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Voluntary Arrangement among Beneficiaries on the Distribution of Estate might lead to Stamp duty implication according to a recent District Court decision of Wong Suet Foon Shirly v Collector of Stamp Revenue [2019] HKDC 268


By Anna Chan

It is common ground that inheritance tax or estate duty has long been abolished in Hong Kong. The recent case of Wong Suet Foon Shirly v Collector of Stamp Revenue [2019] HKDC 268, however, sheds light on possible stamp duty liabilities under section 27(1) of the Stamp Duty Ordinance (Cap. 117) arising from the assignment of property from the deceased’s estate by way of an Assent to the children of the deceased.



The Appellant in this case is one of the five surviving children of the deceased who died intestate in 20 February 2012. The five children are beneficiaries having equal shares in the deceased’s estate comprising a property under the Tenants Purchase Scheme (租者置其屋計劃) of the Hong Kong Housing Authority (“HKHA”), which restricts alienation. Having received erroneous advice from the HKHA that only two children can become the succeeding owners of the property, the surviving children mutually agreed that 3 of them would renounce their rights in connection with the property, leaving the Appellant and another sibling as the joint tenants of the property. This agreement was effected by a Deed of Family Arrangement dated 3 May 2014. Subject to this Deed, the Appellant, being also the administrator of the estate, executed an Assent on 16 October 2014, thereby vesting the property onto the Appellant herself and the sibling beneficiary.


The Deed was presented to the Inland Revenue Department (“IRD”) for adjudication of any stamp duty payable. An amount of HKD16,650 was assessed and paid. As for the Assent, IRD initially adjudicated that it was not chargeable with any duty. However, the appellant was later informed by a letter of IRD that both the Deed and the Assent were chargeable with stamp duty as conveyances on sale within the ambit of section 27(1) of the Stamp Duty Ordinance, as they “operate as voluntary disposition(s) inter vivos” to the extent that “the transfer(s) of the Property is in excess of the transferee’s entitlement in the estate in accordance with Intestates’ Estate Ordinance”. Consequently, IRD opined that stamp duty at Scale 1 rates (the higher rates) were payable unless the property concerned was a residential property and that the transferor and the transferee were closely related, in which case the lower rates of Scale 2 rates would apply.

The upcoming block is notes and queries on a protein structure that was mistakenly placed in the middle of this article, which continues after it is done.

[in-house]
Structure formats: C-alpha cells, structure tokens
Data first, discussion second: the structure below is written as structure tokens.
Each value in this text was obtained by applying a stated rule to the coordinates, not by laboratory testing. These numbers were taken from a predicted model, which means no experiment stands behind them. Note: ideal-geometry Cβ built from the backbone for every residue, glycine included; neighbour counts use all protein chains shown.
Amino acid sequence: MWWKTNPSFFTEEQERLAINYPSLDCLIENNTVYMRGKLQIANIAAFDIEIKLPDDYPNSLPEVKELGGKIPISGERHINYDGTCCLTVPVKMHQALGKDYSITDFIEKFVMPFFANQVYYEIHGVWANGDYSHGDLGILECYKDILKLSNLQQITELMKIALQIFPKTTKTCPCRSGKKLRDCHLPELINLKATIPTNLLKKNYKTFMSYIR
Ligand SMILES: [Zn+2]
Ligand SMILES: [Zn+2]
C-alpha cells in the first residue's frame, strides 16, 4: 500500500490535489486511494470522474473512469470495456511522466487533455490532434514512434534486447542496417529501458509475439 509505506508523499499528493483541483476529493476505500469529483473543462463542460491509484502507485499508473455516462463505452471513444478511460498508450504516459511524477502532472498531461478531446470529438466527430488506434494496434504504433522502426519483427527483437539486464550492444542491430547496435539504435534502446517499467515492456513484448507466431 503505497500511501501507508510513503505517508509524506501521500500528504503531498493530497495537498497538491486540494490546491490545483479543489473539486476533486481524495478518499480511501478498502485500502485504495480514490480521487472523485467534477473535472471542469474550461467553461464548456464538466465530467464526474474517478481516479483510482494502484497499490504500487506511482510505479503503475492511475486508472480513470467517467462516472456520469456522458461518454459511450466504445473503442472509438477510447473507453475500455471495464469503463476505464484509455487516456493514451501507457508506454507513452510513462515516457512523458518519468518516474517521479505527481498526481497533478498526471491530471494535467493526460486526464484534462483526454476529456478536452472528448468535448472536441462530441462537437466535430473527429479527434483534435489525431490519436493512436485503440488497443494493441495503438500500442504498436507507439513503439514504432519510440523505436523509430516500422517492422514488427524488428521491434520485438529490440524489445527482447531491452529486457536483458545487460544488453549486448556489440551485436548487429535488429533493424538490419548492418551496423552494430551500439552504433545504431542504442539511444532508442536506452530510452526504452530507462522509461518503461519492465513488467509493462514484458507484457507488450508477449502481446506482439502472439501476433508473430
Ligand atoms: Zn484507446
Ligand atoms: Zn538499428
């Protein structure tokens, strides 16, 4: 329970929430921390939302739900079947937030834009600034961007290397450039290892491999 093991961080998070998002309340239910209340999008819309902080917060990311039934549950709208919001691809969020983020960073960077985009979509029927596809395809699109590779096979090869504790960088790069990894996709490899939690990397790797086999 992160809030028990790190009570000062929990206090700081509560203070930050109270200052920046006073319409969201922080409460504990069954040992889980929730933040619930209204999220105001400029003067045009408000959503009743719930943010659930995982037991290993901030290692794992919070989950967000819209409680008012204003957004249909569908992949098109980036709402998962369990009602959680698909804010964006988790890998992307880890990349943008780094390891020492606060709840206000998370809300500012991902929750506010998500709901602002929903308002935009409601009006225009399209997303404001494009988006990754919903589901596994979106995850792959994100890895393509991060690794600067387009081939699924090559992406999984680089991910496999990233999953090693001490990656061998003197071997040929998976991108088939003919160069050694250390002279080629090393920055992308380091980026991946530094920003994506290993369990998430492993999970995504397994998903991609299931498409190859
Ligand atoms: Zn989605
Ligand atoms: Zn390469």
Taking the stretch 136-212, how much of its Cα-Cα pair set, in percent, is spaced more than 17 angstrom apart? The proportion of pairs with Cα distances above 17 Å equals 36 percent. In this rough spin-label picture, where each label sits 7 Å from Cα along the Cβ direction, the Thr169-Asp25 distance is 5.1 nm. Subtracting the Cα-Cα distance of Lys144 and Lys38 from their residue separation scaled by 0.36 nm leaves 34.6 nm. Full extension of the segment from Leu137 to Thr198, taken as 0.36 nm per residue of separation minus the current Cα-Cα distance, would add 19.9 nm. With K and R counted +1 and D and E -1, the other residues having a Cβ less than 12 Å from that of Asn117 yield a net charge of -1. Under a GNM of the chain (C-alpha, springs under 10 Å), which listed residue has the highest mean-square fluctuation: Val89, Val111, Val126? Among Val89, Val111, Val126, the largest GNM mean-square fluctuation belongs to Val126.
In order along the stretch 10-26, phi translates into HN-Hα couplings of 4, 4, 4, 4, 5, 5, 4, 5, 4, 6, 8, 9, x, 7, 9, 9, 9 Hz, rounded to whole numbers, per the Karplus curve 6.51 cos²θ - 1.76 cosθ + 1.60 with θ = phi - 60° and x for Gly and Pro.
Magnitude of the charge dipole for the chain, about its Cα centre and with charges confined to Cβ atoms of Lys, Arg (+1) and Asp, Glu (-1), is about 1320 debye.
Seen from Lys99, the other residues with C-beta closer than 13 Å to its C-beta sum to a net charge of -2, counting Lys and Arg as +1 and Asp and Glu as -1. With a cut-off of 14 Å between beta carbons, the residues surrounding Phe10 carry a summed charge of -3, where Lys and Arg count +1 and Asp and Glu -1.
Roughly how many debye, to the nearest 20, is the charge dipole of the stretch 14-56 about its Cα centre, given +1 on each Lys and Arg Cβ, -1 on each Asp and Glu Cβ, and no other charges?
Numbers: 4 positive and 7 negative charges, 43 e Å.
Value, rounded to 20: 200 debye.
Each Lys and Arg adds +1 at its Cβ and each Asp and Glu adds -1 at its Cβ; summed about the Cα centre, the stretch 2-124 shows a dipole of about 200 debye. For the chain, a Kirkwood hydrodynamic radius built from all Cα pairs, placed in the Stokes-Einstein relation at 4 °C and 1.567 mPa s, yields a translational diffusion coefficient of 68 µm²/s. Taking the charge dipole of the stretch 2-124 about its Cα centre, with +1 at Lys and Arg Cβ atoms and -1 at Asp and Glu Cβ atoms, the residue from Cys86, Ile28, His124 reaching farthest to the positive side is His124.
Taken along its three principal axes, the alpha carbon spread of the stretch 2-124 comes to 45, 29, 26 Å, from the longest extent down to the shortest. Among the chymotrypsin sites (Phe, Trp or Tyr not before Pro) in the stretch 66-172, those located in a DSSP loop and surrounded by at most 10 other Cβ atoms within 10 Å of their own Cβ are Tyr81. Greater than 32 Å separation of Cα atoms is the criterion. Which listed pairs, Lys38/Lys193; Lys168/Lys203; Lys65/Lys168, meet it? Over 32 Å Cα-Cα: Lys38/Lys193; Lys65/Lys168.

The Appellant’s contentions

Dissatisfied with the assessment, the appellant appealed and contended that:- (1) the erroneous advice by HKHA caused the assignment of the property; (2) the transfer was between two close relatives and thereby Scale 2 rates should apply; (3) the transfer of the property under intestacy should be exempted from any stamp duty; and (4) it would be inappropriate to levy the Scale 1 rates stamp duty for the transfer of a property to the beneficiaries succeeding.


Issues before the court

Noting that after the appeal had commenced, IRD changed its stance by written submission that stamp duty would only be payable on the Assent but not the Deed. The issues before the court were:- whether the disclaiming of the 60% interest or entitlement to the property was a conveyance operating as a voluntary disposition attracting stamp duty; and second, if it was, whether Scale 1 or Scale 2 rates should be chargeable.


Decision of the Judge

The two issues were ruled in IRD’s favour. The judge ruled that the Assent constituted a conveyance operating as a voluntary disposition inter vivos within the meaning of s27(1) of the Stamp Duty Ordinance. First, the wording in clause 1 of the Assent clearly stated that it was to be used as an assignment. Secondly, a conveyance operates to assign all rights and interests including beneficial interests and the Assent gave effect to that in the present case, resulting in the Appellant and the sibling beneficiary acquiring the legal and beneficial interest in the property. Thirdly, the Assent must be a conveyance as it conveyed a substantial benefit on the Appellant and the sibling beneficiary in excess of their entitlement. As to the contention point of the erroneous advice of HKHA, the judge found that it had no bearing on the two issues for the fact that HKHA never restricted the number of assignees for properties under the Tenants Purchase Scheme. In light of the above, the judge came to the conclusion that the Assent was chargeable, and chargeable with the amount of HKD16,650.



Whether the appellant will appeal the Judge’s decision remains to be seen and as such, the court’s decision on the two issues is yet to be definitive. Nevertheless, this case serves as a cautionary tale for the possibility of tax liabilities in probate scenarios. Being mindful of that in estate planning avoids unwanted and unnecessary costs incurred from the transfer of estate properties to your loved ones.

OLN provides a full range of probate and trust and tax advisory services. If you have any questions regarding the above or on any tax issues, please contact one of the members of the tax advisory team.

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